Toyota has long been recognised as the king of production line philosophy.
The highly influential Toyota Production System (TPS) was developed and refined over the decades after World War 2 by the Japanese company.
It’s widely held that Toyota – primarily in the form of company founder Kiichiro Toyoda and engineer Taiichi Ohno – also came up with the principle of ‘just-in-time’ production, which was a further advance on TPS.
The success of these philosophies was so all-encompassing that Toyota was called in to advise Porsche at the start of the 1990s, when the German manufacturer was close to collapse.
Some of the principles involved became well known across the world. Phrases such as ‘Kaizen’ (roughly, continuous improvement) and ‘poka-yoke’ (systems to prevent errors) became common currency in academia and business schools. Indeed, attempts were made to adapt what began in the car factory to improve the functioning of all sorts of businesses, many not remotely involved in manufacturing.
Ultimately, the TPS is based around the idea of eliminating waste of all kinds during the production process. The ‘wastes’ have been boiled down to seven broad categories. These include over-production, too much stock, too many manufacturing operations, delays in the flow of components and what’s called the ‘production of defects’. The idea of stopping a whole production line until a fault was fixed was another widely adopted Toyota innovation.
The rise and rise of just-in-time production has probably done most to change the face of car manufacturing over the past three decades. Toyota’s principle of having components arrive just in time at the production line, so they could be fitted immediately, has led to the growth of huge supplier parks around factories.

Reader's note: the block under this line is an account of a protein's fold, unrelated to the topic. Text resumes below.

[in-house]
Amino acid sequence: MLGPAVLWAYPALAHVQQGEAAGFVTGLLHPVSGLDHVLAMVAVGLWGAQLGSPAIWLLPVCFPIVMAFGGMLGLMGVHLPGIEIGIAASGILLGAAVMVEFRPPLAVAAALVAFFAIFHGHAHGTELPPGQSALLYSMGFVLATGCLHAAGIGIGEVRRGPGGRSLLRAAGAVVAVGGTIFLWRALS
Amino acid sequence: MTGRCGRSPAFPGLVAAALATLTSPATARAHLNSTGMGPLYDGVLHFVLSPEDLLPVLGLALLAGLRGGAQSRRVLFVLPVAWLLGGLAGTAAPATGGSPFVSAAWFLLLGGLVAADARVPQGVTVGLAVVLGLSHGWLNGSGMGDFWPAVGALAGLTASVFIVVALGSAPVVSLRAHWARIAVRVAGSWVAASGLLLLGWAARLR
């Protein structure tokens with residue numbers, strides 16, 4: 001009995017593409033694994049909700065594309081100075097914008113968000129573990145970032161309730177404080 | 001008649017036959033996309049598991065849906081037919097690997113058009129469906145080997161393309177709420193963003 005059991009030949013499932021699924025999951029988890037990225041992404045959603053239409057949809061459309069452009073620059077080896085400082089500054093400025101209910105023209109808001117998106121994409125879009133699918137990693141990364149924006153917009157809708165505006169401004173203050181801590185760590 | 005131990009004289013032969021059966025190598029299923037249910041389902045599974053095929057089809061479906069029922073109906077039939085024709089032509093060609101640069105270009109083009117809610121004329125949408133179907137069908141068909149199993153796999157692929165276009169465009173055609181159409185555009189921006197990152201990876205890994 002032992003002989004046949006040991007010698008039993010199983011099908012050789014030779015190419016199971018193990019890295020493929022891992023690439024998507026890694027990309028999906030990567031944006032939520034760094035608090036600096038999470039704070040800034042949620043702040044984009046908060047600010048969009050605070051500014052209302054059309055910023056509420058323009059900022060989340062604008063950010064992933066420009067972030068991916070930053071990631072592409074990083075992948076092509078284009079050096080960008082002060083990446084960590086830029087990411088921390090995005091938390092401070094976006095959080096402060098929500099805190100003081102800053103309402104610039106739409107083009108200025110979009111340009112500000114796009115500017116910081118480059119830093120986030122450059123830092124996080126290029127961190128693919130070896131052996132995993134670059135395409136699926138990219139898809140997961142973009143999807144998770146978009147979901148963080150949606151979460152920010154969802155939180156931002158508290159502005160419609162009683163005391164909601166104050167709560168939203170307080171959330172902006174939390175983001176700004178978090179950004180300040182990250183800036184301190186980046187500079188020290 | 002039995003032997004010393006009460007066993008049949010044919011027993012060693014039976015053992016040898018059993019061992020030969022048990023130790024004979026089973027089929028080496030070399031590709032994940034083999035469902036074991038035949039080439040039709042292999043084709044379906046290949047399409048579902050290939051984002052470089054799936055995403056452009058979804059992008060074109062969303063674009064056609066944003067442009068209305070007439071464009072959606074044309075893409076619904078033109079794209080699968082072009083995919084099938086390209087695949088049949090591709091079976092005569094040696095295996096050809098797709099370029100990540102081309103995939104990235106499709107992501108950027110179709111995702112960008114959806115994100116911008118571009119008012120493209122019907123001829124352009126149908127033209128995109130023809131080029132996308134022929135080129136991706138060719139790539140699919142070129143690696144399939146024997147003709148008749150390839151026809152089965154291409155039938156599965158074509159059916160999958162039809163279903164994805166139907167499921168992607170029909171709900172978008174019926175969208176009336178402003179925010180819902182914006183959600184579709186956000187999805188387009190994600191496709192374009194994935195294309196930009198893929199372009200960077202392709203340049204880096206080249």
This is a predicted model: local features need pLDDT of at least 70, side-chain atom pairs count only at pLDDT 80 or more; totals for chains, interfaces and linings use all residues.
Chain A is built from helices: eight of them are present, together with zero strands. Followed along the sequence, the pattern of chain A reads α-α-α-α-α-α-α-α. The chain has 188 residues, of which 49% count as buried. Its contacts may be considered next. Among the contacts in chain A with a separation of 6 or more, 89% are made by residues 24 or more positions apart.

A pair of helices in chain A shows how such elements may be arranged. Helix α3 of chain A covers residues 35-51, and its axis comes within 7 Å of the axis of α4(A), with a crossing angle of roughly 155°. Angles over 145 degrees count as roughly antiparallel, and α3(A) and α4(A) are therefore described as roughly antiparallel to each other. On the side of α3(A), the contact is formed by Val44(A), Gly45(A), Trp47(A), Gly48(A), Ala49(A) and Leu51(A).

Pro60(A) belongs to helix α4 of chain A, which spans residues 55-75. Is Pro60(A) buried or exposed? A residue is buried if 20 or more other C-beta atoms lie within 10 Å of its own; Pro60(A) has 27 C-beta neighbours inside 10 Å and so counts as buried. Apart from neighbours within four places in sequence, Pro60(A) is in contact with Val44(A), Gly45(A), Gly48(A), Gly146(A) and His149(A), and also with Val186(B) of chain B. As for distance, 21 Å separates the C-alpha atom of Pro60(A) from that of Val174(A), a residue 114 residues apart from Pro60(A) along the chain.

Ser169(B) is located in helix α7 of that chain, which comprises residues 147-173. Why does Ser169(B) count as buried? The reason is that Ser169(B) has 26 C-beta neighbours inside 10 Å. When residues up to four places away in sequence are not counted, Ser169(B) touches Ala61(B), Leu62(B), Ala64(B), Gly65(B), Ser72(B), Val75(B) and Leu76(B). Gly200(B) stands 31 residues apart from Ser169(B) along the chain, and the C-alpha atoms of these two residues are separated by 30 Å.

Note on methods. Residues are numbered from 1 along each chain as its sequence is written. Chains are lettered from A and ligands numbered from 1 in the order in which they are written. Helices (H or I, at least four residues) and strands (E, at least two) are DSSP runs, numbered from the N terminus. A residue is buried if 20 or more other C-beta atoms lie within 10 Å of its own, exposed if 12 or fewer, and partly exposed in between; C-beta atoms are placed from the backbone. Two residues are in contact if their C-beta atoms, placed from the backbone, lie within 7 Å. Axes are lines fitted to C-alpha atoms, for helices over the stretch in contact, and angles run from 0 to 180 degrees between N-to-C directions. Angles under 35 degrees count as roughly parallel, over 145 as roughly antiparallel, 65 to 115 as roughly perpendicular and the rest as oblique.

However, Toyota has spent the past four years in a root and branch rethink of the principles of mass production, resulting in what is arguably the most significant reboot of the modern production line principle since Henry Ford’s 1913 Model T line began rolling.
It was, executive vice-president Mitsuhisa Kato told Autocar, the fall of the Lehman Brothers bank in 2008 (it collapsed, helping to trigger the credit crunch that followed) that made “Toyota stop and change direction”.
Toyota’s internal figures show that, in the wake of the global recession, sales collapsed from more than 8.5 million units in 2007 to less than 6.4m in 2009. Now, considering the extent of that recession, you might think that shifting that many new cars was an impressive achievement. And maybe it was. But the nature of mass production means that factories have to be run at more than 75% of their capacity for a manufacturer to have a chance of making a profit.
The hard figures show that Toyota’s profits in 2007 were around £13 billion on sales of 8.54m units. In 2008, that revenue dropped by just under 10% and Toyota collapsed into a loss of £2.6bn.
After Toyota chiefs moved to tighten up the company’s operations, it edged into profit in 2009 on sales of 6.37m. So they figured out that the company had ‘excess capacity’of about 2.17m units.
This shock to Toyota’s business model resulted in what the company called a “period of rethinking” between 2009 and 2011. The company pledged not to build any new factories until 2016 while it went back to the drawing board and completely rethought its business model.
Clearly, if they could make the company profitable in a worst-case sales situation, they would achieve what the company now calls “sustainable growth”. However, simply shrinking factories would not work, because that would prevent sales growth.